Negotiation is an important aspect of sales and sales executives carefully balance the needs of the client with the interests of their organisation to protect profit margins while achieving sales targets. They often liaise with senior management to seek approval for prices and service offerings, so it's important that they keep profitability in mind and carefully calculate margins when making offers to clients.

Besides negotiations on price, sales executives also negotiate on various other aspects of a deal, such as product specifications, quantities, delivery time frames, returns policies and extra perks or freebies. For example, a car sales executive may close a sale by offering free home delivery and a full tank of fuel. The provision of these extras has minimal impact on profits while ensuring the organisation doesn't miss out on a sale.

Related: The 7 most effective negotiation strategies in business

6. Create proposals and make bids for business

In some industries, securing sales takes a long time and requires extensive pitching over several months. This is particularly true for B2B sales executives who are usually responsible for things like creating proposals, writing bids and giving presentations to secure major contracts. The selling process can involve several steps and multiple meetings with various stakeholders.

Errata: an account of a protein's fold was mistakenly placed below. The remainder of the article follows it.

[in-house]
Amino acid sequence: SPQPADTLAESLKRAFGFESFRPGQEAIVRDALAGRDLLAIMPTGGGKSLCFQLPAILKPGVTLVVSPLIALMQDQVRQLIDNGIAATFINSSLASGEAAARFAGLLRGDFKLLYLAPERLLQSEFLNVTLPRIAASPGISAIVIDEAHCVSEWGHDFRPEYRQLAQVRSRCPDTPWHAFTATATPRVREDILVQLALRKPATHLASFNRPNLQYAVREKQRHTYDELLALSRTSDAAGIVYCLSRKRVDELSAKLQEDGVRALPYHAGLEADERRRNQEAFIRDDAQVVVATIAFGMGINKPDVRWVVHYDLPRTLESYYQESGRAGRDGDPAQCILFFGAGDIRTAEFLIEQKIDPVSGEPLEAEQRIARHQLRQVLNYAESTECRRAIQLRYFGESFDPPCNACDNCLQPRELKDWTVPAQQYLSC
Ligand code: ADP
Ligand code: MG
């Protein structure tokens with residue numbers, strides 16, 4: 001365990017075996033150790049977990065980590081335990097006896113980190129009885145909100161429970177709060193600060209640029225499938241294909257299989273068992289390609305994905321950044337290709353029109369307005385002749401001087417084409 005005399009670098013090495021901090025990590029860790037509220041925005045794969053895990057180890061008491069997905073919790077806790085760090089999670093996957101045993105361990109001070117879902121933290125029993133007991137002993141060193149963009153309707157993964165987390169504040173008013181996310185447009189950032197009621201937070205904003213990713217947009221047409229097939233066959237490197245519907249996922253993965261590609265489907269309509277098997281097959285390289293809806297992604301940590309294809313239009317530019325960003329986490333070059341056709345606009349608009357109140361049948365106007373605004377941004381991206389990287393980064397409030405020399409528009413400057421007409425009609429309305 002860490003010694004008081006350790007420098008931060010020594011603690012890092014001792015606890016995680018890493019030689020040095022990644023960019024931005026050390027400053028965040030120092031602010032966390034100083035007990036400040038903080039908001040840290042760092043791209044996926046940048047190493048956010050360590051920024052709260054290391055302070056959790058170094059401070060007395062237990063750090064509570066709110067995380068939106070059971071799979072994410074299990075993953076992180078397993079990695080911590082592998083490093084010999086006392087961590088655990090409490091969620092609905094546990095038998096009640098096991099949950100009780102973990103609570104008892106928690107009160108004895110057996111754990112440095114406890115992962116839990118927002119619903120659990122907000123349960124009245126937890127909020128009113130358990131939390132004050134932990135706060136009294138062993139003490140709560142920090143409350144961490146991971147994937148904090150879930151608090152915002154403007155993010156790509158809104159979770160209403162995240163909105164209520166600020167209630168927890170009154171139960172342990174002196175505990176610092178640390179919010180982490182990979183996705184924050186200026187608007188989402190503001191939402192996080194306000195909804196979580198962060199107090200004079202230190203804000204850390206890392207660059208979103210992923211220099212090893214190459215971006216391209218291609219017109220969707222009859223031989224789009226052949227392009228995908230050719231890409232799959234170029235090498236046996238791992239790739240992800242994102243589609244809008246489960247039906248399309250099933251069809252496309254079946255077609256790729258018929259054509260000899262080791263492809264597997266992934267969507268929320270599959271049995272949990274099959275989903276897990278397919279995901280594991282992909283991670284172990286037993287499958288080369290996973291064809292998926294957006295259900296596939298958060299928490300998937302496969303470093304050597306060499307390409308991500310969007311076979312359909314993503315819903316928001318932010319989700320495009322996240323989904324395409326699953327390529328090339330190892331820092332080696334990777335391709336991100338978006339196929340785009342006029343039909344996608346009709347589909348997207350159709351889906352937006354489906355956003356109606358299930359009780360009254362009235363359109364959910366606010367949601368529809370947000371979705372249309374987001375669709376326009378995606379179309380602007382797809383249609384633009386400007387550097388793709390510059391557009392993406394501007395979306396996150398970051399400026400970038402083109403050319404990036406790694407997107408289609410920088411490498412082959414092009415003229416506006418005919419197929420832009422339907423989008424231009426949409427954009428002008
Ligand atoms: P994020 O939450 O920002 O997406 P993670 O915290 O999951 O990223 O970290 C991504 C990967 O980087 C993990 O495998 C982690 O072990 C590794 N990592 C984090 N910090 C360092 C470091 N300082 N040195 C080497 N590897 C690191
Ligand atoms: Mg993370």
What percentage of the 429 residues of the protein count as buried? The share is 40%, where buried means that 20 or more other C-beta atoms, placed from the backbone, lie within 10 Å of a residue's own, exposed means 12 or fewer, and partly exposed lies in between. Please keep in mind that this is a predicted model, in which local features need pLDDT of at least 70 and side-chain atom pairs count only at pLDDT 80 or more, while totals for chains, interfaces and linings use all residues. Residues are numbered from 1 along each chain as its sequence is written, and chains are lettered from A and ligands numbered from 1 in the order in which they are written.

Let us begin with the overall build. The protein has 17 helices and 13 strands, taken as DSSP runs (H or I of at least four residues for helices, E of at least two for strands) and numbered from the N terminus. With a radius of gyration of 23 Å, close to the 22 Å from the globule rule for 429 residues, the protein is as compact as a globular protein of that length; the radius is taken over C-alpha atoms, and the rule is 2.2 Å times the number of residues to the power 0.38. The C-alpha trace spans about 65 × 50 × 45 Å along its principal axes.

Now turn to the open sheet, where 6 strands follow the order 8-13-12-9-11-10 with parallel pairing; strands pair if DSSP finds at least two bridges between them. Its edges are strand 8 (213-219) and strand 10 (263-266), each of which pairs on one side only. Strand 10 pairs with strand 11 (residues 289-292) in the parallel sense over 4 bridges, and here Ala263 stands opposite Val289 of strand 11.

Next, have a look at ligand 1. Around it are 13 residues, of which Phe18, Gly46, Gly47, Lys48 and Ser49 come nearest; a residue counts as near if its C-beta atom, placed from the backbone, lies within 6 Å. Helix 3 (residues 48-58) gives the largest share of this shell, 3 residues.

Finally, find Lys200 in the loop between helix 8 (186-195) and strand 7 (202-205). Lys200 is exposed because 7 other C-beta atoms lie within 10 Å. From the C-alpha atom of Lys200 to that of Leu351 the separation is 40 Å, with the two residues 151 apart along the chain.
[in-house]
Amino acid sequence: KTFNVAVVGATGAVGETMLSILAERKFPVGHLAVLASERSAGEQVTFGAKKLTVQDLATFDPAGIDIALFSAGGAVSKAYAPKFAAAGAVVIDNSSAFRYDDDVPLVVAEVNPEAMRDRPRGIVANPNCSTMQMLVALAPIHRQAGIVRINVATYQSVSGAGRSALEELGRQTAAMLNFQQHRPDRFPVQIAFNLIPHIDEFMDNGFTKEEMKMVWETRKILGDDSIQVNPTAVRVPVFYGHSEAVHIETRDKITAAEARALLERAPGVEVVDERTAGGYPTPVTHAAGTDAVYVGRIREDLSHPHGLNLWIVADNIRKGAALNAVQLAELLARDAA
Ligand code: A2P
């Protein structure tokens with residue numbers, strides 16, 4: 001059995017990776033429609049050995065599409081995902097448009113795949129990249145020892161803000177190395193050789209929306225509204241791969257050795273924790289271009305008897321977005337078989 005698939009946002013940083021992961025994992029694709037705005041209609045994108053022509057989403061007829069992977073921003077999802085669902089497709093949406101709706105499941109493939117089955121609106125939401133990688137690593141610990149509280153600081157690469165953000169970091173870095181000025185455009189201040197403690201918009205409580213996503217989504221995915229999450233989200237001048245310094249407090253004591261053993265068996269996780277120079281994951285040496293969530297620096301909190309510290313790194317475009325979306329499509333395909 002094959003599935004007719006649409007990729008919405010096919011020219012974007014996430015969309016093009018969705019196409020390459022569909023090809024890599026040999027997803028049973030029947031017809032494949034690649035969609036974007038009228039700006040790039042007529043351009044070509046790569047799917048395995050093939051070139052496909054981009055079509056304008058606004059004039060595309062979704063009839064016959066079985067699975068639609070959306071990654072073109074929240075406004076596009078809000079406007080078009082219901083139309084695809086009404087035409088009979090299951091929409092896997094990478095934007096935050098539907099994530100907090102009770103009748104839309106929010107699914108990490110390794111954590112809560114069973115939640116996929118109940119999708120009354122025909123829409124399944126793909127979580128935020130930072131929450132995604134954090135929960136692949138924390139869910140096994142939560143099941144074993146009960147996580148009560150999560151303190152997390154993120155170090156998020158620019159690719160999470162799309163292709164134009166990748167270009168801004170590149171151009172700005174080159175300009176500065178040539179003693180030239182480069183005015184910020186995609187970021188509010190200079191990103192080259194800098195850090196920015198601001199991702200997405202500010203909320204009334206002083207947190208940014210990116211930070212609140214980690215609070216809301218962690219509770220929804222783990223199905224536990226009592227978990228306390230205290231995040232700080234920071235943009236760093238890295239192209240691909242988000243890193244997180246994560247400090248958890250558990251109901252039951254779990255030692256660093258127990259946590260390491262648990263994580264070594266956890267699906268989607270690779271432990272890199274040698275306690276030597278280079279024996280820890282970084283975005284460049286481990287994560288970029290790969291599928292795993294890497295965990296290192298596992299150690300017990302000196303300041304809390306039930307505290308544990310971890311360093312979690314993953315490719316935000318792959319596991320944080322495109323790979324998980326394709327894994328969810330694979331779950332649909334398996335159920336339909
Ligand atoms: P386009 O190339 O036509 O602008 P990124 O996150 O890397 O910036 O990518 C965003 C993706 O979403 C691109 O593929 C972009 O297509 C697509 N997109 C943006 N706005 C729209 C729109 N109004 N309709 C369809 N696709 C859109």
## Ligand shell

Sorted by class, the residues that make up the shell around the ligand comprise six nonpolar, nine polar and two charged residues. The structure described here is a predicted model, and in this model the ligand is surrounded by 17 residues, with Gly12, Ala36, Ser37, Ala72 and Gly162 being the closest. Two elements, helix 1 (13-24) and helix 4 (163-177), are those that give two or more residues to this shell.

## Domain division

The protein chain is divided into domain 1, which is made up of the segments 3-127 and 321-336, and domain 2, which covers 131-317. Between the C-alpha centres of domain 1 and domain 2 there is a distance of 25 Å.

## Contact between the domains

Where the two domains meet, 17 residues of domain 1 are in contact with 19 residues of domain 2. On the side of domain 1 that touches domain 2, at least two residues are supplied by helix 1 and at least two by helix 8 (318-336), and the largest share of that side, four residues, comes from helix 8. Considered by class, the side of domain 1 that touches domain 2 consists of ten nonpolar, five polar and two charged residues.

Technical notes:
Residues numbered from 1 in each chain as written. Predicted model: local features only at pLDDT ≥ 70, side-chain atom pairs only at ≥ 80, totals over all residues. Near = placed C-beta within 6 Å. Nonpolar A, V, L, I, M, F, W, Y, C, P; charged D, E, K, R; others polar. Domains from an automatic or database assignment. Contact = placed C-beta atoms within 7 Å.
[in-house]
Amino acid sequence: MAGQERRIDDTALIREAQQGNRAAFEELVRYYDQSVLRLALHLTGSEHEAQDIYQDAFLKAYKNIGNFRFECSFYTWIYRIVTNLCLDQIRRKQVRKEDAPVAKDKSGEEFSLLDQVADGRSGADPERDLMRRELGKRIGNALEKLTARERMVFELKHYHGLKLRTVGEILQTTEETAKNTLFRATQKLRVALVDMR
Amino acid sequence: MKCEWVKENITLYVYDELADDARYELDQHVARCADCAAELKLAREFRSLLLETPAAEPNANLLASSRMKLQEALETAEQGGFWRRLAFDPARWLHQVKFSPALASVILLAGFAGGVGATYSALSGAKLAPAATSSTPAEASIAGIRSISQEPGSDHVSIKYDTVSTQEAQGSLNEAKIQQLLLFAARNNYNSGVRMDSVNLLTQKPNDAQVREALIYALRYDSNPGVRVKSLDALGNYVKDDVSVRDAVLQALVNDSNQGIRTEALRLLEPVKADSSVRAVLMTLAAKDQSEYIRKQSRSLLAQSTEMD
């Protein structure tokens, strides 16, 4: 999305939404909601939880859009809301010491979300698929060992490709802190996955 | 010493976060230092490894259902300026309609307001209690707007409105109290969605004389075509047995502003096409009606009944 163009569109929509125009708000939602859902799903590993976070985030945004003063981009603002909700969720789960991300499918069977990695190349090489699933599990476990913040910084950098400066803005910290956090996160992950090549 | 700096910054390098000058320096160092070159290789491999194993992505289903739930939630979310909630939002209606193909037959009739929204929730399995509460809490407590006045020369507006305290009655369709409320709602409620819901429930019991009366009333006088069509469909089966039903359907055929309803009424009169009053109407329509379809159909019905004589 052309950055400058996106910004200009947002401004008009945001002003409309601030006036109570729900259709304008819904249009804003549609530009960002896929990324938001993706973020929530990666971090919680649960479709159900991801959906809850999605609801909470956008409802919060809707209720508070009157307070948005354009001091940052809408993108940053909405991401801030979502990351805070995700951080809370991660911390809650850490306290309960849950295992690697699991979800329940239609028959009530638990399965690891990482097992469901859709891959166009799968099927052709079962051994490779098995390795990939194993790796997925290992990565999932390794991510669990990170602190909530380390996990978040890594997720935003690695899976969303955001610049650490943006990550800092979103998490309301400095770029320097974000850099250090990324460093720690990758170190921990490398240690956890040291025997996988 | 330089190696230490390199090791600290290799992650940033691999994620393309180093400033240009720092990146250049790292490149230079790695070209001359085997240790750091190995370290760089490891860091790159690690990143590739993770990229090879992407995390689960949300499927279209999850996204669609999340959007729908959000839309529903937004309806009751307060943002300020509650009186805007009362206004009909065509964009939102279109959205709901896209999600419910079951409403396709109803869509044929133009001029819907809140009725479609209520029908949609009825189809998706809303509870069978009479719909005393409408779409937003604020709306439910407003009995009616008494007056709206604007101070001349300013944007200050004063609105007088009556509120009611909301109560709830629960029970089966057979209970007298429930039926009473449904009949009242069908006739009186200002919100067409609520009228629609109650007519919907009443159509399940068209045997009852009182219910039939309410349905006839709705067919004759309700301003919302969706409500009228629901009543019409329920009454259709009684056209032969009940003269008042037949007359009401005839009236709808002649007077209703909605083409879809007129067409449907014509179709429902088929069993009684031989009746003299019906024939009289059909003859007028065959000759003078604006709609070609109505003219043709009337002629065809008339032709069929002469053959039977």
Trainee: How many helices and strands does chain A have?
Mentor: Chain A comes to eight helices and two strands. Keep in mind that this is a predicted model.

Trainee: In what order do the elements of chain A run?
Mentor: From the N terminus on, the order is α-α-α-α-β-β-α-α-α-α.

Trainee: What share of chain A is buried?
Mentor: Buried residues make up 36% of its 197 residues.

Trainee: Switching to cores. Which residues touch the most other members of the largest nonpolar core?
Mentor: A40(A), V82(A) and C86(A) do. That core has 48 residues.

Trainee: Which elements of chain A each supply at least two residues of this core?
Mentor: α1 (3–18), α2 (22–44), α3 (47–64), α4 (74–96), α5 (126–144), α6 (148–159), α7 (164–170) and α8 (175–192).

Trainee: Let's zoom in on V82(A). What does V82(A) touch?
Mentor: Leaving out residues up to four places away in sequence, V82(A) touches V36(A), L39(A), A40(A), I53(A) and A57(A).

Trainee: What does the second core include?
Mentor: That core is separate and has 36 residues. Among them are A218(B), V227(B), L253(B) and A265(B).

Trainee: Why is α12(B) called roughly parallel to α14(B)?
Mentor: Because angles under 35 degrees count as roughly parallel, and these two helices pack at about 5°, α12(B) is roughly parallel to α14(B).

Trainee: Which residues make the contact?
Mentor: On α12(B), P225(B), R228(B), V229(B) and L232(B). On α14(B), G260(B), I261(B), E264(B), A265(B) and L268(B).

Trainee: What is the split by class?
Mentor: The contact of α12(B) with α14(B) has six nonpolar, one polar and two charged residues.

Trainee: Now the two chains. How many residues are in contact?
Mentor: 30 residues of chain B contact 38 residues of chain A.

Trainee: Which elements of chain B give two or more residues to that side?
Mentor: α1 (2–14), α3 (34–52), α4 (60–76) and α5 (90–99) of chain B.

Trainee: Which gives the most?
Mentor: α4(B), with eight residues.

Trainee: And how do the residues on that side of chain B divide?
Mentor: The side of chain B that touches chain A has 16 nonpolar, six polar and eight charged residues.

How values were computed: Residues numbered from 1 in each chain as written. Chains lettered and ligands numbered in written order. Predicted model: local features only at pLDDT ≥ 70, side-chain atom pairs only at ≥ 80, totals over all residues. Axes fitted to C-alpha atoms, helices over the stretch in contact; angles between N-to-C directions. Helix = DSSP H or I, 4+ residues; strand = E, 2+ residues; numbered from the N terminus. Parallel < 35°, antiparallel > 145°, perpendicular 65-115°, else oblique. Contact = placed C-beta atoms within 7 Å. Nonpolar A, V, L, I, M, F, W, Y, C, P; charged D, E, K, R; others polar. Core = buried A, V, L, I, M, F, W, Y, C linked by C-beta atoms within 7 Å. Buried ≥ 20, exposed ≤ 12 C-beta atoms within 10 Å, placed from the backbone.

Prospective clients usually dictate the bidding process when seeking suppliers, so it's beneficial for sales executives to learn what the client expects and create an appropriate proposal. They liaise with a variety of colleagues, such as senior managers, bid managers, marketing and communication executives and accountants, to pull together the relevant information to make the bid.

Related: What is a bid manager? (Plus skills and qualifications)

7. Attend trade shows, exhibitions or events

It's common for sales executives to attend trade shows, product exhibitions and other events where they can meet prospective clients and showcase products or services. Depending on the size and structure of their organisation, sales executives may organise their attendance, pulling together appropriate marketing materials, products and equipment and setting up their booth or pitch. While in attendance at shows and exhibitions, they give product demonstrations, collect information for prospective leads, process sales or orders, give presentations and conduct client meetings.